Hunter, jumping, and hunter/jumping seat equitation are all recognized under one US Equestrian national affiliate: the United States Hunter Jumper Association. Despite the technical differences in judging, these disciplines are often taught together.
“They're all so different, but then they're all the same. We're all just trying to get the best out of each horse,” said Melissa Murphy, a hunter judge and trainer from
Lexington, Ky., who founded the Murphy Manor training center in 2010. “What I really love is developing a young hunter—when you get to walk in the show ring and do the bigger stuff, knowing that you're sitting on one that you made, it hits you a little bit harder.”
- First-timers will start working around the horse on the ground, not immediately in the saddle.
“You're going to learn about grooming and tacking up the horse or pony before you do anything else, which I find is really helpful for new riders, especially if they're nervous. By the time they get on the horse, they've spent 20 minutes or so getting to know it,” said Ashley Watts, who teaches hunter and jumper lessons at Liftoff Equestrian in Versailles, Ky. “On the longe line, it just makes it a little easier to be more productive and get them comfortable and working on balance. A lot of times, their first lesson, they will be longeing and learning about the positions.”
This is also done to get the rider used to balancing on the horse and communicating without reins.
In order to get properly acquainted with the process and atmosphere of lessons, Murphy recommended that her students show up early.
“I think the safety and knowing how to work around the horse before you get on the horse is a very important feature that we probably spend 20 to 30 minutes on before we even get on,” Murphy said.
- After learning about the horse and the equipment, you may start on a longe line held by your trainer.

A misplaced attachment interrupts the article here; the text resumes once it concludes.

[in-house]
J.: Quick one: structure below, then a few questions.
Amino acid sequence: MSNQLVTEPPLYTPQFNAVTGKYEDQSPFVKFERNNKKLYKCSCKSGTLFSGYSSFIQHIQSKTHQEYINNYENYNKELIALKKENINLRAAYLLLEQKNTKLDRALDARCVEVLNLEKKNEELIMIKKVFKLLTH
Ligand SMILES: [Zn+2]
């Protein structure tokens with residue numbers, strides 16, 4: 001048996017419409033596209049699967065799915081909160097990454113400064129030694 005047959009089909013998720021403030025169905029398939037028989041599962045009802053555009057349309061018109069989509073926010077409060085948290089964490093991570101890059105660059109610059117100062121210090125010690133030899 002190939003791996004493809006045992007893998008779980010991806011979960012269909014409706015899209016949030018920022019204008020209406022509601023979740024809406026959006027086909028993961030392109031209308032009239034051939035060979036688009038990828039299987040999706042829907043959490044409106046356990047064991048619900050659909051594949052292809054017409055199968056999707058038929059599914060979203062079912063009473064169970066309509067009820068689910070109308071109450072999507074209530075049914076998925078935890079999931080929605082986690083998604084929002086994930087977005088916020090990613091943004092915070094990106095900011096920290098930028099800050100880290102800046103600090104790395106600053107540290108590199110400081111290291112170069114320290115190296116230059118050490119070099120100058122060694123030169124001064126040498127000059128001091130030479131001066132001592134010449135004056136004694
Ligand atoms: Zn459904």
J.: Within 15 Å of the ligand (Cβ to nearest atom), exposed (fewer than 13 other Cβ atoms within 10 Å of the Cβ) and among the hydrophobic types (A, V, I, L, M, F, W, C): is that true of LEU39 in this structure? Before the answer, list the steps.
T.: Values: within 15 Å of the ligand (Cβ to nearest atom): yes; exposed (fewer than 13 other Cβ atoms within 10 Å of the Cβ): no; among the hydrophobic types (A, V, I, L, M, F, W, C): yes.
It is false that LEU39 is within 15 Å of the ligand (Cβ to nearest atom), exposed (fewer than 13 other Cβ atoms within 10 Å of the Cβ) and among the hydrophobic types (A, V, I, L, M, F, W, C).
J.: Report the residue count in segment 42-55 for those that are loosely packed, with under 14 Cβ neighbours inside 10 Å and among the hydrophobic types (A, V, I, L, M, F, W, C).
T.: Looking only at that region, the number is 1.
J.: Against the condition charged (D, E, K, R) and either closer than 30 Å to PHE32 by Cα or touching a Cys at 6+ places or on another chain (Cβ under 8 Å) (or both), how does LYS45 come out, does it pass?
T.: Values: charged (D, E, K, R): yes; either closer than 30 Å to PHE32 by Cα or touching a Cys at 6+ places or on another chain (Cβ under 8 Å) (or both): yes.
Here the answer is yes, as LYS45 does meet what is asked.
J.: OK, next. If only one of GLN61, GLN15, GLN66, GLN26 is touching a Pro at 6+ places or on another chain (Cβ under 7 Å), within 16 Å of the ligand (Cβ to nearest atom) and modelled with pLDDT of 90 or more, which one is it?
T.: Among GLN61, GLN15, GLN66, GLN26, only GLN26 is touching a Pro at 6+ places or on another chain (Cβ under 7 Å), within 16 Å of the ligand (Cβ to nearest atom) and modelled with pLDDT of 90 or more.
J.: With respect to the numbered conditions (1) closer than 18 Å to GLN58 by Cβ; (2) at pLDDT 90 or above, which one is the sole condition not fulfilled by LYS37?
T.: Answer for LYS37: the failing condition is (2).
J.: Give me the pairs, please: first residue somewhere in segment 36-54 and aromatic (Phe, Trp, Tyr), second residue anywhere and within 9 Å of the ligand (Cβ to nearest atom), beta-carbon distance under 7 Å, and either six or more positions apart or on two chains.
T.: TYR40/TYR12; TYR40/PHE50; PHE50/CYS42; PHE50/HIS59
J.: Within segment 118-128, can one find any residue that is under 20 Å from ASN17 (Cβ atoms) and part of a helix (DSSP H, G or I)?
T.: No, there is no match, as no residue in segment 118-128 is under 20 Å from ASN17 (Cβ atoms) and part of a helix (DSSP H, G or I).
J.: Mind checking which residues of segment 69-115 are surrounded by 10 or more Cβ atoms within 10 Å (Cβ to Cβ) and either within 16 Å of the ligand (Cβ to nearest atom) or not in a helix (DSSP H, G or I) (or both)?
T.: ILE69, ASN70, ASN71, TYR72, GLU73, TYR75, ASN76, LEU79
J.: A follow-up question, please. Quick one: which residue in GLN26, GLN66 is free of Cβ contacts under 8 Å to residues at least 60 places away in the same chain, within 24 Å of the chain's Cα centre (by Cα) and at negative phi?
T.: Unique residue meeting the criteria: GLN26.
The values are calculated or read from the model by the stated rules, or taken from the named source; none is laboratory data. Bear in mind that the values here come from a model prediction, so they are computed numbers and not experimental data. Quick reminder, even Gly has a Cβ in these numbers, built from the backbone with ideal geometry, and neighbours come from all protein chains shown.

Overall, the pace of the first few lessons aims to not be overwhelming.
“We're good about not pushing them too quickly, because overfacing a rider is the quickest way to make them want to quit riding,” Watts said. "I tend to do some things where you're not holding the reins, and you touch the horse's ears or touch your feet, just to get you comfortable moving around on the horse. That’s usually the first lesson, then they'll go off the longe line and walk around and practice steering with some obstacles and stop and go.”
Murphy agreed, saying that everyone moves at their own pace, and safety and comfort are major priorities.
“I like to start people posting at a walk so they can kind of feel it in a slower motion. For someone that's not been on a horse before, when they go to trot, it can feel very big, so my biggest thing is making sure you know somebody is comfortable,” Murphy said. “And it's also got to be fun; you want them to come back.”
Even if you’re excited, though, don’t hold your breath—especially while riding.
“I think people start holding their breath on the horse because they don't realize it, but maybe they're a little nervous or anticipating things,” Watts said. “I've just had the comment like, ‘Oh my God, I'm so out of breath.’”
- Hunter riding involves a lot of aerobic exercise.